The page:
It’s OK to eat some romaine lettuce again, FDA says

It’s OK to eat some romaine lettuce again, FDA says

It’s OK to eat some romaine lettuce again, FDA says

Though there is likely romaine lettuce coming from non-contaminated regions in the USA, the FDA says the U.S. market should have a "clean break" in the romaine lettuce supply chain in order to ensure that all possibly contaminated lettuce is purged from the market.

"We welcome the step and believe it's a meaningful action by the industry", FDA Commissioner Scott Gottlieb told POLITICO.

However, if you don't know where the lettuce is from, do not eat it, the CDC said.

"If consumers, retailers, and food service facilities are unable to identify that romaine lettuce products are not affected - which means determining that the products were grown outside the California regions that appear to be implicated in the current outbreak investigation -we urge that these products not be purchased, or if purchased, be discarded or returned to the place of purchase", he said.

"The FDA also has commitments from the romaine lettuce industry that such labelling will continue into the future and become standard for their products", Gottlieb said.

The Food and Drug Administration narrowed its blanket warning from last week, when it said people shouldn't eat any romaine because of an E. coli outbreak.

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Since romaine has a shelf life of about 21 days, health officials said last week they believed contaminated romaine could still be on the market or in people's homes.

This advice includes all types or uses of romaine lettuce, such as whole heads of romaine, hearts of romaine, and bags and boxes of precut lettuce and salad mixes that contain romaine, including baby romaine, spring mix, and Caesar salad.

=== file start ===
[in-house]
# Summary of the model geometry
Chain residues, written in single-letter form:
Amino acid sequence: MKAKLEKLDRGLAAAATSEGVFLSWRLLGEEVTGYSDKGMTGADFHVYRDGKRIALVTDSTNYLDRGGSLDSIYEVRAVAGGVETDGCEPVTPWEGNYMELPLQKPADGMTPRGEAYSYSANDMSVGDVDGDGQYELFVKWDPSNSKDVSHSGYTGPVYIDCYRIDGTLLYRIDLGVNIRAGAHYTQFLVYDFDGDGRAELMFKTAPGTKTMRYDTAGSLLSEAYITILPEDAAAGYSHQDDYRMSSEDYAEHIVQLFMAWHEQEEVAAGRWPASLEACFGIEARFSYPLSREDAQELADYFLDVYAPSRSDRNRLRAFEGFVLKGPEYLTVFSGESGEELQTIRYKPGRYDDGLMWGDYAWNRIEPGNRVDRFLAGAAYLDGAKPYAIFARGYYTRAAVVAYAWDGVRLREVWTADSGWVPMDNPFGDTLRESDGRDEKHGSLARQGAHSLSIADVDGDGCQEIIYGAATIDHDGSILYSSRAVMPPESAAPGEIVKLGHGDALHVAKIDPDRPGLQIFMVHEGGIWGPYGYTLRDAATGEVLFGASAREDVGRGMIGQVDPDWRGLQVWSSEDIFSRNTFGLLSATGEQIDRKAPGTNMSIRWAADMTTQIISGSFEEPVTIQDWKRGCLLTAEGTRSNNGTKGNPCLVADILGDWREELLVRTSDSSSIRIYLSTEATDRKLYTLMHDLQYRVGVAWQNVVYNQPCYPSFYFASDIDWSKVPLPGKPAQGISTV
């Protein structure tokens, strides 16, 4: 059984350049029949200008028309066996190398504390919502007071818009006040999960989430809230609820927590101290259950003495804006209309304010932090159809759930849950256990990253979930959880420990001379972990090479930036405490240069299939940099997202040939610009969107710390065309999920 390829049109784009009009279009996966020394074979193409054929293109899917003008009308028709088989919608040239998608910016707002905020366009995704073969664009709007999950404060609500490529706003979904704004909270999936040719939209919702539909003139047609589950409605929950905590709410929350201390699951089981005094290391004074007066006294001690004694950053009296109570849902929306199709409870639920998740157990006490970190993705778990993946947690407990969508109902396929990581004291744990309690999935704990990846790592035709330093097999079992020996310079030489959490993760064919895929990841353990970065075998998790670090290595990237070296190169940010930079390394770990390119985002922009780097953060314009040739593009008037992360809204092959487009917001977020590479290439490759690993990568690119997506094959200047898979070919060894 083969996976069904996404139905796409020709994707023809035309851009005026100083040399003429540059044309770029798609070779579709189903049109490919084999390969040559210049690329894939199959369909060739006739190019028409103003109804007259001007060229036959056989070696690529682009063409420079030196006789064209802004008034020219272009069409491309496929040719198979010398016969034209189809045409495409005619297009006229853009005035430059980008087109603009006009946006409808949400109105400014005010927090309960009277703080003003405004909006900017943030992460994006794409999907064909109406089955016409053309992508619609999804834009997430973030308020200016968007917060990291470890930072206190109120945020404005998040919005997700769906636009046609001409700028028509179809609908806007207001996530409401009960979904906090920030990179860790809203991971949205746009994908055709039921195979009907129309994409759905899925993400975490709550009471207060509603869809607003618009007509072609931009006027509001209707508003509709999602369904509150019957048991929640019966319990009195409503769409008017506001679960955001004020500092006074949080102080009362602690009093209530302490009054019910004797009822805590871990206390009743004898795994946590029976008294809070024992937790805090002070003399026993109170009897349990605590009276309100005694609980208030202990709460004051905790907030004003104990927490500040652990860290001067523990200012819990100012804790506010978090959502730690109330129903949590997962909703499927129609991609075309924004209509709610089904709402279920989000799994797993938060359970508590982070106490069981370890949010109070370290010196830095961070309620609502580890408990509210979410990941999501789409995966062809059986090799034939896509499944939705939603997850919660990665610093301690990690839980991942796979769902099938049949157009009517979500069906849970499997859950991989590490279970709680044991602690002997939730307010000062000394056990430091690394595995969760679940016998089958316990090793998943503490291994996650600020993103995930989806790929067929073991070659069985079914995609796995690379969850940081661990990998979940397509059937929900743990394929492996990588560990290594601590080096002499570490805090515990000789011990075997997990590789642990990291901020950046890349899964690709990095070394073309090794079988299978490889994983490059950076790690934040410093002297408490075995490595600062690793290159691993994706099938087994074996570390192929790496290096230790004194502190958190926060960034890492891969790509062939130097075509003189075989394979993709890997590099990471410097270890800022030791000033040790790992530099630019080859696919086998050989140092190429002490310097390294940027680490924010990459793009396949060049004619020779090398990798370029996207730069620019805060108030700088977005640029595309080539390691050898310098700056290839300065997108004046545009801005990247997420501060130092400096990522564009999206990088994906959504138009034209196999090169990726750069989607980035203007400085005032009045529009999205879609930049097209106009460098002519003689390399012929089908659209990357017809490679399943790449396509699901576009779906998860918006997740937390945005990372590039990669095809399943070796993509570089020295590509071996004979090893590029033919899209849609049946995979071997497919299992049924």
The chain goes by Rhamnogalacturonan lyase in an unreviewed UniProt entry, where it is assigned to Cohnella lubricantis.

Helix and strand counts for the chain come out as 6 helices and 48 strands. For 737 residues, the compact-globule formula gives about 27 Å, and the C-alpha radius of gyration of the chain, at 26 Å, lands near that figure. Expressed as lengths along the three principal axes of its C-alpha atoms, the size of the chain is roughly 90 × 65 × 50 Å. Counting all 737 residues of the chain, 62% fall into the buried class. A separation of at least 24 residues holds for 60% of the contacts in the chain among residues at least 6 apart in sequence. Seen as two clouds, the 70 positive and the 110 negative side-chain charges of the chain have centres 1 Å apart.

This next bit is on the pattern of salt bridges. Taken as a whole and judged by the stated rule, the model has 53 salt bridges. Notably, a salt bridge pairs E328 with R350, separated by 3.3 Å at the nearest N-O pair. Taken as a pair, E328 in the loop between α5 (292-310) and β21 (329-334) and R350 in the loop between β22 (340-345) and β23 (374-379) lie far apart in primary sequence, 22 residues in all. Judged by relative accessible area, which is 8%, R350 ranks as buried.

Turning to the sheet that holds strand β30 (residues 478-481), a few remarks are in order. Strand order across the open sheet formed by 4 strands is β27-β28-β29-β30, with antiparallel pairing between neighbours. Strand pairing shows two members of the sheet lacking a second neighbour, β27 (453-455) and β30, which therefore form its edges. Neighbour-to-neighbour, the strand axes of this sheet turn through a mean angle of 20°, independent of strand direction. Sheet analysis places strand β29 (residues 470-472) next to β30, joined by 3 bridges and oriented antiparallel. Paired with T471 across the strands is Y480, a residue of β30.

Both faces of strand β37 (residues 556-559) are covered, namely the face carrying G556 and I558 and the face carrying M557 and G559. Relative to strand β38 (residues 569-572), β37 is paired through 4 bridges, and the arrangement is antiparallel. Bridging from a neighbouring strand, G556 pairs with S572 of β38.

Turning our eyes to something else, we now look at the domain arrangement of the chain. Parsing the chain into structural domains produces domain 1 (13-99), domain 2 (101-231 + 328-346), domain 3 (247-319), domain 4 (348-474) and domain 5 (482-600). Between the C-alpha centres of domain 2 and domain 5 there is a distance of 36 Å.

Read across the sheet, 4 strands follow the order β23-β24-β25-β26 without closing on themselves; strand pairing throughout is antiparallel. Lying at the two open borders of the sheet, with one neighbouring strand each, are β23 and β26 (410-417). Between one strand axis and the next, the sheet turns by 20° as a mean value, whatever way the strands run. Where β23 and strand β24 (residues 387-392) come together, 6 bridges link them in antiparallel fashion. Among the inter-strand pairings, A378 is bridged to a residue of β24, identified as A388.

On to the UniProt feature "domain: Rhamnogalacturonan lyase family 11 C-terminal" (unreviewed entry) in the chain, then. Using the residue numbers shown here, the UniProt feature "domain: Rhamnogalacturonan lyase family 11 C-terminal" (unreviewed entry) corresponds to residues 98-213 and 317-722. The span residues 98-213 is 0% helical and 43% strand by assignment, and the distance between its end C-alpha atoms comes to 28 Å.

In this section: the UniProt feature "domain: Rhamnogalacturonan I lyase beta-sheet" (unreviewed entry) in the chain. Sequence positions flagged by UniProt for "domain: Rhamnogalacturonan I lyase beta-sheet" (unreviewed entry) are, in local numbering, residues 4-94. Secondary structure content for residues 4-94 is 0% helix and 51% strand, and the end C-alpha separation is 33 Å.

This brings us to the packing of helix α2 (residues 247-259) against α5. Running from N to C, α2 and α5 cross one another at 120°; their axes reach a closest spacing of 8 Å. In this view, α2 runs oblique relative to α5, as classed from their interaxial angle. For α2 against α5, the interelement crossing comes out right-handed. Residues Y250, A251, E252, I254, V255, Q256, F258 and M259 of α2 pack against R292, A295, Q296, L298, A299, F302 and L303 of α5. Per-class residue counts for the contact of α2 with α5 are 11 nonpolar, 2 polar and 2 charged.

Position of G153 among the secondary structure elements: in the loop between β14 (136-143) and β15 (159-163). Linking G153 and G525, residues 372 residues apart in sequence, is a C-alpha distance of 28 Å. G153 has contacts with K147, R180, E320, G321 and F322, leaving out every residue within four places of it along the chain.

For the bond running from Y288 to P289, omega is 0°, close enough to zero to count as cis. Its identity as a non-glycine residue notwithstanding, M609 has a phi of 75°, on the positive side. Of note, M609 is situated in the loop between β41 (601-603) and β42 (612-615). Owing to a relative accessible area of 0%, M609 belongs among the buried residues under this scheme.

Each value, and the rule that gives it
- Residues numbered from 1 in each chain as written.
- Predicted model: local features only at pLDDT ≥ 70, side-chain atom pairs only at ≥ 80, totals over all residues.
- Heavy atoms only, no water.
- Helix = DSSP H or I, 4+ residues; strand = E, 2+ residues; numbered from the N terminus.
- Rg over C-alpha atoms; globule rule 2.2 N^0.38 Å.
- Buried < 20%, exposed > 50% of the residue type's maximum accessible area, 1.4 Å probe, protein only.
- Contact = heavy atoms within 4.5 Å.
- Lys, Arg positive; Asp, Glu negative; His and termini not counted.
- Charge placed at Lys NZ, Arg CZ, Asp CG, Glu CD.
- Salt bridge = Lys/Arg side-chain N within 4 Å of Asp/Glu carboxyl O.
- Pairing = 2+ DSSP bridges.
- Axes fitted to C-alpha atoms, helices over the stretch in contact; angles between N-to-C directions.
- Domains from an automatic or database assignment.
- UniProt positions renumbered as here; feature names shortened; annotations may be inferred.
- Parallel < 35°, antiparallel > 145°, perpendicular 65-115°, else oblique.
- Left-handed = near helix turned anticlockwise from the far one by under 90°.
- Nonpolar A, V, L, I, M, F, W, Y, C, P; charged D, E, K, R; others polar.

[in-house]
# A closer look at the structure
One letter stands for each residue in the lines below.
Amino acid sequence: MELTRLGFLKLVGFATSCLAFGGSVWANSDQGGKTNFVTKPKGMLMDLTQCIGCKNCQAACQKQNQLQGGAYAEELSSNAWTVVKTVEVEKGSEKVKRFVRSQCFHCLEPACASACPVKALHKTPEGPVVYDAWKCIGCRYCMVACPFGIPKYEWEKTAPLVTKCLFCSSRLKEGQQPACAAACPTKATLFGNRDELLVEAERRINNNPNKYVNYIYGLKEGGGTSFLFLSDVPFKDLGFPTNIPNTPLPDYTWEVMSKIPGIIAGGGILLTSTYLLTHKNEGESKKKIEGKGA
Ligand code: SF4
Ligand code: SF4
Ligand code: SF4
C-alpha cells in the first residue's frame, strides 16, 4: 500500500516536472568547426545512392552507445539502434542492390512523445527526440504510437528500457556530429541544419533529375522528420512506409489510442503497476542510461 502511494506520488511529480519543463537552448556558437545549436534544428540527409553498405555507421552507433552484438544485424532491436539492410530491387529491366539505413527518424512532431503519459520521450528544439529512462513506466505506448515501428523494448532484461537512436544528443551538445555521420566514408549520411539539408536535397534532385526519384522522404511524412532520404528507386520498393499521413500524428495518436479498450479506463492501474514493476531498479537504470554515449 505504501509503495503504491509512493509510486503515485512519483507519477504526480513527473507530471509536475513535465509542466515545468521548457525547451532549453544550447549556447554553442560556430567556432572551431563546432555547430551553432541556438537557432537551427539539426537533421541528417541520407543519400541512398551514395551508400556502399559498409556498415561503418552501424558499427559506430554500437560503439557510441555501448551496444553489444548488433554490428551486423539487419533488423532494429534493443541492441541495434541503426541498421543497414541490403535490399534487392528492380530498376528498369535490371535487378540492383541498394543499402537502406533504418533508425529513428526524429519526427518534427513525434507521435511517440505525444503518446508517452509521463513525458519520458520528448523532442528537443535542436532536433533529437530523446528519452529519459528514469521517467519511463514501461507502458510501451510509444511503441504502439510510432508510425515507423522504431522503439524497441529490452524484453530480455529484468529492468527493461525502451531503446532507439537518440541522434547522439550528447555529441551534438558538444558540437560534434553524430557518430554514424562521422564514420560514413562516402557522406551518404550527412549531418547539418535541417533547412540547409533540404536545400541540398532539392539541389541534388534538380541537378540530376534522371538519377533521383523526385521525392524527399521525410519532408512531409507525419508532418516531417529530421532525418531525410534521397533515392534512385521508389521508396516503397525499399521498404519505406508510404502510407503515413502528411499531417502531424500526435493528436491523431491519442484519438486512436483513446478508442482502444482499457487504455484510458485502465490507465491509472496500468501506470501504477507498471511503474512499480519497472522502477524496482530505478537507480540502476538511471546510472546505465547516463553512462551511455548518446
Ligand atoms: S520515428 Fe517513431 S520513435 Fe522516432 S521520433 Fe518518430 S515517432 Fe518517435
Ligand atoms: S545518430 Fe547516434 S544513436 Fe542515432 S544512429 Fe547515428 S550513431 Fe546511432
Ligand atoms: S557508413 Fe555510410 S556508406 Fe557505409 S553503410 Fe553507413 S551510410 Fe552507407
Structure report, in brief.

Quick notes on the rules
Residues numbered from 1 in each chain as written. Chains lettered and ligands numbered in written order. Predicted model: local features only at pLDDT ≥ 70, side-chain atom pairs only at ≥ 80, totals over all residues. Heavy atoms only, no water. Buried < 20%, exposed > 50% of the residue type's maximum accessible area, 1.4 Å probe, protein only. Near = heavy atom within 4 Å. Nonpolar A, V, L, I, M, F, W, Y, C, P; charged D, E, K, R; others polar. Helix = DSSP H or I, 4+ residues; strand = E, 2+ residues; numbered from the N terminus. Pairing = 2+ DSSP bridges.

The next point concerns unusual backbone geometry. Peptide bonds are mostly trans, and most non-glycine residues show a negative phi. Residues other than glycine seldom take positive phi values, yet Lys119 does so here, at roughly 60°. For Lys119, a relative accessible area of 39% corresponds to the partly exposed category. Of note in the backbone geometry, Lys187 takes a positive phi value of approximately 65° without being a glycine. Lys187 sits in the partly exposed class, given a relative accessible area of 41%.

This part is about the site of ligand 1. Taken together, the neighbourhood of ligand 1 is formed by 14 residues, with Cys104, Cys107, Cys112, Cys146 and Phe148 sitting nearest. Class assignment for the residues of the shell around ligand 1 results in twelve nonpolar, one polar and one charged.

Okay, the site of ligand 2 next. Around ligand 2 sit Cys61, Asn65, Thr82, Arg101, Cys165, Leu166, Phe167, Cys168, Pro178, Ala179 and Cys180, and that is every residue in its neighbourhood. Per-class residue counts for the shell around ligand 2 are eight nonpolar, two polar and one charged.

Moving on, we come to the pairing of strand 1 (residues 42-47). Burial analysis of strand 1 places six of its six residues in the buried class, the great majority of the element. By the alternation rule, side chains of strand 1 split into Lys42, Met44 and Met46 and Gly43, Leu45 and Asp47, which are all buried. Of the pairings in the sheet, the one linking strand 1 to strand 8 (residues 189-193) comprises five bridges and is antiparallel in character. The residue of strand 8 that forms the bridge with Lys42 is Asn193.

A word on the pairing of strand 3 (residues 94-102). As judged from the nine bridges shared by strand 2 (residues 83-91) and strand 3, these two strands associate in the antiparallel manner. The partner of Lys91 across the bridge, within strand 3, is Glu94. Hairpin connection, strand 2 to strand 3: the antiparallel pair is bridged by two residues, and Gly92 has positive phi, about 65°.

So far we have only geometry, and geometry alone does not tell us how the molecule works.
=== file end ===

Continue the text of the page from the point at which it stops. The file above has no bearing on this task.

That's up from 32 people sickened, including 13 hospitalized, in 11 states last week, and there could be more cases coming. The Canadian agency reported 22 confirmed cases in three provinces: Ontario, Quebec and New Brunswick. A common source of E. coli illness is raw fruits and vegetables that have come in contact with feces from infected animals. Most E. coli strains are harmless and indeed part of a healthy gut.

Narrowing down the source of the current outbreak is a priority for FDA and the industry, but it won't necessarily solve the industry's problems, nor clear up confusion for consumers. That outbreak was traced to the Yuma, Arizona, growing region, but investigators never conclusively determined the precise source. "Romaine lettuce entering the market can also be labeled as being hydroponically or greenhouse grown". That outbreak was declared over in January.

The current outbreak, the one from Yuma and the one from previous year were caused by contamination of an E. coli strain known as O157:H7.

People of all ages are at risk of becoming infected with Shiga toxin-producing E. coli, according to the FDA.

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